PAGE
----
Wednesday, August 12, 2009

The Wretched Man is not a Christian

I've been preparing further notes on Romans 7 for one of my courses today. Here's my solid gold, top four arguments why the Wretched Man is not a Christian:

(1) Paul asks two questions in Rom 7.7 (What then should we say? That the law is sin?) and Rom. 7.13 (Did what is good, then, bring death to me?) which relates to the thoughts about pre-conversion stated in Rom 7.5 about how the law aroused sin and lead to death. Paul argues that while the law activated sin leading to death, the law is not the author of sin and death.

(2) The references to being in the ‘flesh’ (vv. 14, 18, 25) show that 7.14-25 are a commentary on what the life in flesh first mentioned in 7.5 looks like.

(3) When Paul describes the ‘I’ as ‘sold under sin’ (Rom. 7.14) this conflicts with what he says about Christians in Romans 6 where he declares that they have been freed from sin (Rom. 6.6-7, 17-18, 22).

(4) The subject struggles to obey the law (Rom. 7.22, 25), while Christians are free from the law (Rom. 6.14-15; 7.6).

Paul Meyer wrote: ‘There is not a syllable in Romans 7:7-25 about life in Christ, and … Paul himself has signaled to his readings in both 7:6 and 8:1-2 that the rest of chapter 7 is to be understood as the antithesis to chapter 8 and not in simple continuity with it’.[1].Ultimately what is described here is not the Christian’s struggle with sin, but the absolute defeat of the self by sin’s power in the unregenerate state.[2]

[1] Paul W. Meyer, ‘The Worm at the Core of the Apple: Exegetical Reflections on Romans 7,’ in The Conversation Continues: Studies in Paul and John, ed. R.T. Fortna and B.R. Gaventa (Nashville: Abingdon, 1990), 68.
[2] Charles H. Talbert, Romans (Macon, GA: Smyth & Helwys, 2002), 188-89.


Samuel said...

Well, so much for using that text when I have sinful inclinations in my heart...sigh..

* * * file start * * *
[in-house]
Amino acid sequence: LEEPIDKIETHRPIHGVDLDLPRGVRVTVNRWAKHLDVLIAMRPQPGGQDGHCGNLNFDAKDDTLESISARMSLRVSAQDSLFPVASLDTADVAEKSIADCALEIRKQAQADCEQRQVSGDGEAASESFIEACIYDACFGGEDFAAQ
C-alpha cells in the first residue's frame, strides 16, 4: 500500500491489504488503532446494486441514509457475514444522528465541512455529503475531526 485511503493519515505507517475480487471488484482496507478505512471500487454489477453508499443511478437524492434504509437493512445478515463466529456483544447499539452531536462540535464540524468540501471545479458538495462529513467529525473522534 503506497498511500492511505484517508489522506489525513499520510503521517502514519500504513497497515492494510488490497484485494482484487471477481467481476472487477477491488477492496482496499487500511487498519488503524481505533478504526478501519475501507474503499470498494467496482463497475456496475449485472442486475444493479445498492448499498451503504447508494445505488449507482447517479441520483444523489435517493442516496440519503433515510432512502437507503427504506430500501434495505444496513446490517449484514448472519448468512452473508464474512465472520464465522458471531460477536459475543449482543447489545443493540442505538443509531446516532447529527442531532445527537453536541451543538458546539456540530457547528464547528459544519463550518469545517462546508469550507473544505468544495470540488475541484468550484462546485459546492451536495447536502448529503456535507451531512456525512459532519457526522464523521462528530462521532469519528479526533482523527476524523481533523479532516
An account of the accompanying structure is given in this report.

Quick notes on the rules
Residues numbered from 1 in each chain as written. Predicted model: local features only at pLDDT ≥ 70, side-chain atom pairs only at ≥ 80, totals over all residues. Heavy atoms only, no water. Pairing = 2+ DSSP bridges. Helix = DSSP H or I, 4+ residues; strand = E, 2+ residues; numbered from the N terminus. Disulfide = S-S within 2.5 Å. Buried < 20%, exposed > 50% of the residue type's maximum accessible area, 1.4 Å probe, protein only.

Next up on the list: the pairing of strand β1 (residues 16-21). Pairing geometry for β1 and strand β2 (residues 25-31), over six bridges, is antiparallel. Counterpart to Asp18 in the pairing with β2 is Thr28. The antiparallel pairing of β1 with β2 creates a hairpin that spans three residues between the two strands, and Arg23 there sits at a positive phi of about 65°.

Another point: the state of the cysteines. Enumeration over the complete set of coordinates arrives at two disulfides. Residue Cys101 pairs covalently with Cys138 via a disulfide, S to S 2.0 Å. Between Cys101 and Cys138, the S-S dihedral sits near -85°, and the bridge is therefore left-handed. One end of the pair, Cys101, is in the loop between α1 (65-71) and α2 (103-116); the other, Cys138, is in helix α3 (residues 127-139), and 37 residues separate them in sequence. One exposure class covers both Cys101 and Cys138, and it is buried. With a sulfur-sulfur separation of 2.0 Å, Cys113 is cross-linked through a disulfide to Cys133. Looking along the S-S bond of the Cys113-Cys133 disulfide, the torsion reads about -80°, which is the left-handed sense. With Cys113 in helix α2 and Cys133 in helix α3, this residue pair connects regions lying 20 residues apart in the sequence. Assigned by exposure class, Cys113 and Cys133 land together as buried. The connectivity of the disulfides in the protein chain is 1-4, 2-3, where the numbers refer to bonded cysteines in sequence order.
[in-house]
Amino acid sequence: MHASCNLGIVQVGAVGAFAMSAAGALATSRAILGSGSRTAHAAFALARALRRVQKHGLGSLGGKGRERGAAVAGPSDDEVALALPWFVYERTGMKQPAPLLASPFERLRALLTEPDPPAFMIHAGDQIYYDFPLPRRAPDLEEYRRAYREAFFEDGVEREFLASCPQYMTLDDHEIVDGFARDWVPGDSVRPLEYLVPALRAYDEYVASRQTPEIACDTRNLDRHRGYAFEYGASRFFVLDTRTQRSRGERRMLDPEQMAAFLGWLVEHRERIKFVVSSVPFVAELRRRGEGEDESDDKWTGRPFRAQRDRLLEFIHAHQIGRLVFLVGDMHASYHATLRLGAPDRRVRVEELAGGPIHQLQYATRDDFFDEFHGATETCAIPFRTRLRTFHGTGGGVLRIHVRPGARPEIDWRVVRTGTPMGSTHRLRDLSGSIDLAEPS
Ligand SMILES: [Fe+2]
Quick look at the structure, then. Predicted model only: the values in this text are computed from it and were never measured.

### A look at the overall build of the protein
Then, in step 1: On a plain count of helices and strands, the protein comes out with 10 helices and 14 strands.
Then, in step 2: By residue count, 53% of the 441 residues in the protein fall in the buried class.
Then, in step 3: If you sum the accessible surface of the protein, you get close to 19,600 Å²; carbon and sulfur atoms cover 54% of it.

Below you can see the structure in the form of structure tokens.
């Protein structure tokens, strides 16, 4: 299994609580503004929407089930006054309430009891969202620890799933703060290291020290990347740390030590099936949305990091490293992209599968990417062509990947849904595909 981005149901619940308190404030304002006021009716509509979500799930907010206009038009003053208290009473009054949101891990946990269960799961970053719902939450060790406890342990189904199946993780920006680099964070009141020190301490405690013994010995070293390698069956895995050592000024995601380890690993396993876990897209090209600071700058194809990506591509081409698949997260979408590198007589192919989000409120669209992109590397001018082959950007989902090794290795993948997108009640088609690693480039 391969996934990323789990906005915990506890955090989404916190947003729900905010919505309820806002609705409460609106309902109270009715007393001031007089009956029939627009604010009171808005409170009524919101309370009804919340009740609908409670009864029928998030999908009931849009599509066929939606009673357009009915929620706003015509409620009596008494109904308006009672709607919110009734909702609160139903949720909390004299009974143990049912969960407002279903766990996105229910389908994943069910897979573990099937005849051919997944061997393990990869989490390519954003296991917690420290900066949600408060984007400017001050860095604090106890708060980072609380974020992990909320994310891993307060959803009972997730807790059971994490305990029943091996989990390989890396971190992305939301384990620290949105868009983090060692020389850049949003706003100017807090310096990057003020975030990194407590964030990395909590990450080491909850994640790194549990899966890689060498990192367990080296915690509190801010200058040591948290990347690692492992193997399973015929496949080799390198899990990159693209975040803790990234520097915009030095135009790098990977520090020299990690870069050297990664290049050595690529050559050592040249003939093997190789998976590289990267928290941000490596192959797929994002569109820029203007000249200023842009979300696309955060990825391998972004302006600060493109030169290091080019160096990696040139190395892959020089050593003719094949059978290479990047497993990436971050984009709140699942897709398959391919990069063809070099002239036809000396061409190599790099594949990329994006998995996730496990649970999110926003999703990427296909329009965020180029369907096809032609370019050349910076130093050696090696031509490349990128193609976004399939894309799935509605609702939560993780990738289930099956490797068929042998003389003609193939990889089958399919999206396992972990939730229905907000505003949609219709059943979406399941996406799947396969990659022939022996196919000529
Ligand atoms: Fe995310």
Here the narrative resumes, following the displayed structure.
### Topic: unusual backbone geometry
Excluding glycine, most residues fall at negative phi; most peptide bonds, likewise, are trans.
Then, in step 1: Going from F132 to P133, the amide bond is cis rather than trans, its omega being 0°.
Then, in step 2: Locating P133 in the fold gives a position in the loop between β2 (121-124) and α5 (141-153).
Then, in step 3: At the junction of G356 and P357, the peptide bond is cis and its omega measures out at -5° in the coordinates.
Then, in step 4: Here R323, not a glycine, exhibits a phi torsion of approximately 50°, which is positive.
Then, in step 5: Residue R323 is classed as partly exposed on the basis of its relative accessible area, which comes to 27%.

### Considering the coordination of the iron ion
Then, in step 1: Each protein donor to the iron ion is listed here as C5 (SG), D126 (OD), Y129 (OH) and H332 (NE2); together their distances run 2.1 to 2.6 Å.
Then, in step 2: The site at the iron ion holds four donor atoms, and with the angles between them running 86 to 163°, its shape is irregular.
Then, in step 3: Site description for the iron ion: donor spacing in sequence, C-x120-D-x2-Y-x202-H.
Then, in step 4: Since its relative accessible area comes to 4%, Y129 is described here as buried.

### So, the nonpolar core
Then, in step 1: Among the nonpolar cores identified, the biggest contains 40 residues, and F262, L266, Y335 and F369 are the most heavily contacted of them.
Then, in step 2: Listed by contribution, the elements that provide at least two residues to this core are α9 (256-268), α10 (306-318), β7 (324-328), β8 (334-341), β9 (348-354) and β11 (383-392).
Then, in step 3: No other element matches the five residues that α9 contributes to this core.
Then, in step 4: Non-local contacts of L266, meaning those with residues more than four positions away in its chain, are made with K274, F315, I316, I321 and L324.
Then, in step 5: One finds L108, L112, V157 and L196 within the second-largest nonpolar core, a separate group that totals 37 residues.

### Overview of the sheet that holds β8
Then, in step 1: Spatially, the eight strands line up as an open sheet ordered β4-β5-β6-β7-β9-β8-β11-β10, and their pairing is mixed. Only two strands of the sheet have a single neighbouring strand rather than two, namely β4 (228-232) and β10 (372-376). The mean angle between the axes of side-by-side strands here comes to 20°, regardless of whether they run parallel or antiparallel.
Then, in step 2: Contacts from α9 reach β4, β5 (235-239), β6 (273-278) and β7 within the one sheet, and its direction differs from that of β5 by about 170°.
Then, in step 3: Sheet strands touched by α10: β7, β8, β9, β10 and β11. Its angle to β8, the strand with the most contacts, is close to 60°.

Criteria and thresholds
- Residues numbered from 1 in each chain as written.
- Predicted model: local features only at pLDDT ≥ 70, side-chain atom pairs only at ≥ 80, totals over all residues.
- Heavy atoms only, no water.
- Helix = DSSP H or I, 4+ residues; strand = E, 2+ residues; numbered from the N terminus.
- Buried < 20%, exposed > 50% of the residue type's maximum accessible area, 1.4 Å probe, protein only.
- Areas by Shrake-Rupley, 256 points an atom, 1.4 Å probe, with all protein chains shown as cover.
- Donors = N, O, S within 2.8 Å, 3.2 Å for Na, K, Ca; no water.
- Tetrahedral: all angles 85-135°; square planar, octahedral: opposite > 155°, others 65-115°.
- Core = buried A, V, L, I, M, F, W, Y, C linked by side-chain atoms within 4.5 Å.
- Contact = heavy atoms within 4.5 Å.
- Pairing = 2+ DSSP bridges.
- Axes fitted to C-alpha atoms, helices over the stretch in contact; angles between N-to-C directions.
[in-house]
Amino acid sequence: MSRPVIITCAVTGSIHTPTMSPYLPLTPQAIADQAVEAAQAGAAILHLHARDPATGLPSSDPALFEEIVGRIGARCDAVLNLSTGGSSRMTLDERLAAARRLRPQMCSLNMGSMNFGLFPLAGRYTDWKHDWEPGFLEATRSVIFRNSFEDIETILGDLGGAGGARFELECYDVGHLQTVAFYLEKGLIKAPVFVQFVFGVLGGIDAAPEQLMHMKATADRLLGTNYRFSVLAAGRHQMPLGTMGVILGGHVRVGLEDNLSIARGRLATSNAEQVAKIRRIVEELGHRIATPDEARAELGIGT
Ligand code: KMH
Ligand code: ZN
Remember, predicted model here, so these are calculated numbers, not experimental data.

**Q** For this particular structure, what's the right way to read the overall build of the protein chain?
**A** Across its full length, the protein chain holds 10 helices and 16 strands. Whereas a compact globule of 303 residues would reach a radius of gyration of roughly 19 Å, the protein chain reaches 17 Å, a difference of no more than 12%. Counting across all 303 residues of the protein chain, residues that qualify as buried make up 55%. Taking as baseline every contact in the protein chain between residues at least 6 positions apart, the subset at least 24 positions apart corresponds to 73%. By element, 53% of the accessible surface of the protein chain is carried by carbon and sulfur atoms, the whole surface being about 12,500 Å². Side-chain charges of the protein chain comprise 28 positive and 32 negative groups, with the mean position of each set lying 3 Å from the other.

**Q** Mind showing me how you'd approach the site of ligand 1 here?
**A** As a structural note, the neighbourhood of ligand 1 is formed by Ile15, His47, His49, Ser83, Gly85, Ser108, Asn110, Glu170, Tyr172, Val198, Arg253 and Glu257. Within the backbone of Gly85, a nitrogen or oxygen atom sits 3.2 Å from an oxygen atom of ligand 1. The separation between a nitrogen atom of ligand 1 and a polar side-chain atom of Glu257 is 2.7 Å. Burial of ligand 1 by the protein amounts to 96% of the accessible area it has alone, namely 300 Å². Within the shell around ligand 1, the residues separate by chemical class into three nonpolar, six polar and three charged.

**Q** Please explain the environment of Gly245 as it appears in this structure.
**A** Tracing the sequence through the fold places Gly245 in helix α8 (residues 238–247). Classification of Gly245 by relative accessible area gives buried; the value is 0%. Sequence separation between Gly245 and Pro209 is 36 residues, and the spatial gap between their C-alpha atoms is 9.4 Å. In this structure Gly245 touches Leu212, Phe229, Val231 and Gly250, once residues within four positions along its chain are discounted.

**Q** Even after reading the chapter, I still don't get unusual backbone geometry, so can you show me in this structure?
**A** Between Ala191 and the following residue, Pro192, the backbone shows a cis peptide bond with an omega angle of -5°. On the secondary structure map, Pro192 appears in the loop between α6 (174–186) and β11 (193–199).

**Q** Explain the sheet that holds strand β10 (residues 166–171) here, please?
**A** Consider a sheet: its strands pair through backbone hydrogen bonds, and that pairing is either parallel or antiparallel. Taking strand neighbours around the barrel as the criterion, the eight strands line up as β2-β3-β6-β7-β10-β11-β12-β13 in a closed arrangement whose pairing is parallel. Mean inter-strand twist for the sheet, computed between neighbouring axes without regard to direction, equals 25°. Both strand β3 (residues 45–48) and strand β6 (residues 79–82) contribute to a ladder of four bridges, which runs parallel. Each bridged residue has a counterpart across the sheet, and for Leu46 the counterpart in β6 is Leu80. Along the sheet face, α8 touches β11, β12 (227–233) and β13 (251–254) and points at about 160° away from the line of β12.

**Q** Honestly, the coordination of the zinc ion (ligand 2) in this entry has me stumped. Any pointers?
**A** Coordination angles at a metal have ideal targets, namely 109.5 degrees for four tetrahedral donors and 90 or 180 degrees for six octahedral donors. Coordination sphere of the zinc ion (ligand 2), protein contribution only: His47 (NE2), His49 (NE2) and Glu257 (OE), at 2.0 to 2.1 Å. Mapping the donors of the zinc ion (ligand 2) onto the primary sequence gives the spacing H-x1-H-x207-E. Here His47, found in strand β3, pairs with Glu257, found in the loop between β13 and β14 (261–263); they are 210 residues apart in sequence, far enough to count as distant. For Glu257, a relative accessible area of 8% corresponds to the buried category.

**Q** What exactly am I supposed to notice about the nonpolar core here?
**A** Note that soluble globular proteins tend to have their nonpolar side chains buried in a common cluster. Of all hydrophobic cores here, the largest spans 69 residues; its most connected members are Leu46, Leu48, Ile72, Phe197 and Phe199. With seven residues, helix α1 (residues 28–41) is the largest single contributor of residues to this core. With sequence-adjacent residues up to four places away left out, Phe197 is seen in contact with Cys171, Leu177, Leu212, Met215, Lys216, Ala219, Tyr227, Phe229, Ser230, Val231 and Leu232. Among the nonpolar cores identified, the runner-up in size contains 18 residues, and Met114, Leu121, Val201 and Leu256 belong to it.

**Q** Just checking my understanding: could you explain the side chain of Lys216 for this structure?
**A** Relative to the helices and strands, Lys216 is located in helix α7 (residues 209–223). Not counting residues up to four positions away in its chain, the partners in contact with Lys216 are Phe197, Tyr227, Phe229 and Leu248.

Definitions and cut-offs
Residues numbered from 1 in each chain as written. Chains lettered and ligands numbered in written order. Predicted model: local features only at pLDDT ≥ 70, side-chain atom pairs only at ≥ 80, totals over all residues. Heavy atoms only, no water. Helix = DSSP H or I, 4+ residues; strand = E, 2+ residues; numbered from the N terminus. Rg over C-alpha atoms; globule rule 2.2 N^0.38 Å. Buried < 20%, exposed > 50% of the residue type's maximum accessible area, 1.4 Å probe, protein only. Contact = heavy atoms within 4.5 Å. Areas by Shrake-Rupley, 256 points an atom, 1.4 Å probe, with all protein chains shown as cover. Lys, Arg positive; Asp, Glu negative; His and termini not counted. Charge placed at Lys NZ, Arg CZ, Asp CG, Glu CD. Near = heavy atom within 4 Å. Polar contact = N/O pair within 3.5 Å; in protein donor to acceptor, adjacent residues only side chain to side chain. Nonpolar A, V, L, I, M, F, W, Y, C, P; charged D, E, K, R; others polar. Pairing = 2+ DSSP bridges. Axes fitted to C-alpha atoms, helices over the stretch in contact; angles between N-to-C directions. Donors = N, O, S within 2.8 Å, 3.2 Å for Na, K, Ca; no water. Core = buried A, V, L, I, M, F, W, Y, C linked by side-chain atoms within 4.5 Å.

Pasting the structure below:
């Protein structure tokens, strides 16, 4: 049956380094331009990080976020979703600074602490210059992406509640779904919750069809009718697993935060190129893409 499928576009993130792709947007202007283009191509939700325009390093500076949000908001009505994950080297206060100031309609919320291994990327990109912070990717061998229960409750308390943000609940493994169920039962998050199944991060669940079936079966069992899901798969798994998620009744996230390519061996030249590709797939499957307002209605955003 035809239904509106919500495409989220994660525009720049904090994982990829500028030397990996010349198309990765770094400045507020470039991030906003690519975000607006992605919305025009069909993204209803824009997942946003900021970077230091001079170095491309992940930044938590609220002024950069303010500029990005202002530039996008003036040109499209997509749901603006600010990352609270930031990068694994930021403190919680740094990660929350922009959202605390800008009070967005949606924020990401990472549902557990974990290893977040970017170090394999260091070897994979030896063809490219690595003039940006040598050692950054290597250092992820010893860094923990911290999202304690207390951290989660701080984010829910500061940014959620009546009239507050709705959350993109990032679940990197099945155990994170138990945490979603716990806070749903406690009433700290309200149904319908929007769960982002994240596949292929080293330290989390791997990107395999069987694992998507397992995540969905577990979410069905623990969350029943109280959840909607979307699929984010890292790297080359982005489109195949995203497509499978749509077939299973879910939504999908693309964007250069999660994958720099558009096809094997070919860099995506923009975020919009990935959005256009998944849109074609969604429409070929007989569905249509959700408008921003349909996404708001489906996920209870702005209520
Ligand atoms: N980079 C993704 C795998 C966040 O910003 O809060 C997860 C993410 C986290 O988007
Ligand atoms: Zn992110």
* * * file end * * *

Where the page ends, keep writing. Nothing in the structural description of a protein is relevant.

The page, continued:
John Thomson said...

Your nemesis for the unregenerate man is vv21-24.

No unregenerate man delights in the law of God or sees himself as a wretched man wishing deliverance and rejoicing it is found in Christ. No unregenerate man is in his mind a slave to God's law but in the flesh a slave to the principle of sin.

Stott and Moo?? are surely right that we have here a description of an OT believing Jew seeking to live by the law and finding it a bondage (Ps 119). Only freedom from the law (absolutely in Christ) and new life lived in the Spirit gives freedom. I.e Roms 8.

You know all this of course.

Craig L. Adams said...

Many unregenerate people desire to live moral lives and feel themselves to be in bondage to desires and drives they cannot control. It's a simple observation, account for it as you will. Romans 7 is a good description of an unregenerate person seeking (unsuccessfully) to live a moral life "in the flesh." It is a poor description of the deliverance from sin and guilt promised to the Christian.

Unknown said...

I think also important is Paul's opening line to preface the passage, right in verse 1: "I am speaking to those who know the law".

It's so frustrating when Christians think this applies to life in Christ.

Gerald said...

Quoting Westerholm's summary of Kummel on Romans 7...

"Those who are anxious to preserve Romans 7:14-25 as a witness to Christian experience emphasize the inner struggle there depicted as an essential part of Christian living. But 7:14-25 speaks not merely of a struggle, but of utter helplessness, slavery to sin, and despair of deliverance...If, after all, there is a question that needs to be asked, it is rather this: why does our Christianity depart so widely from Paul's that we recognize ourselves in his description of non-Christians?"


Generally, the OT believing Jew (as seen in the OT, particularly Psalm 119) does not have anywhere near the angst regarding Law keeping that Paul displays in Romans 7.

Sean said...

Gerald, do you have a reference for that Westerholm quote?

John Thomson said...

1. To live a moral life is quite different from 'delighting in the law of God in the inner man'.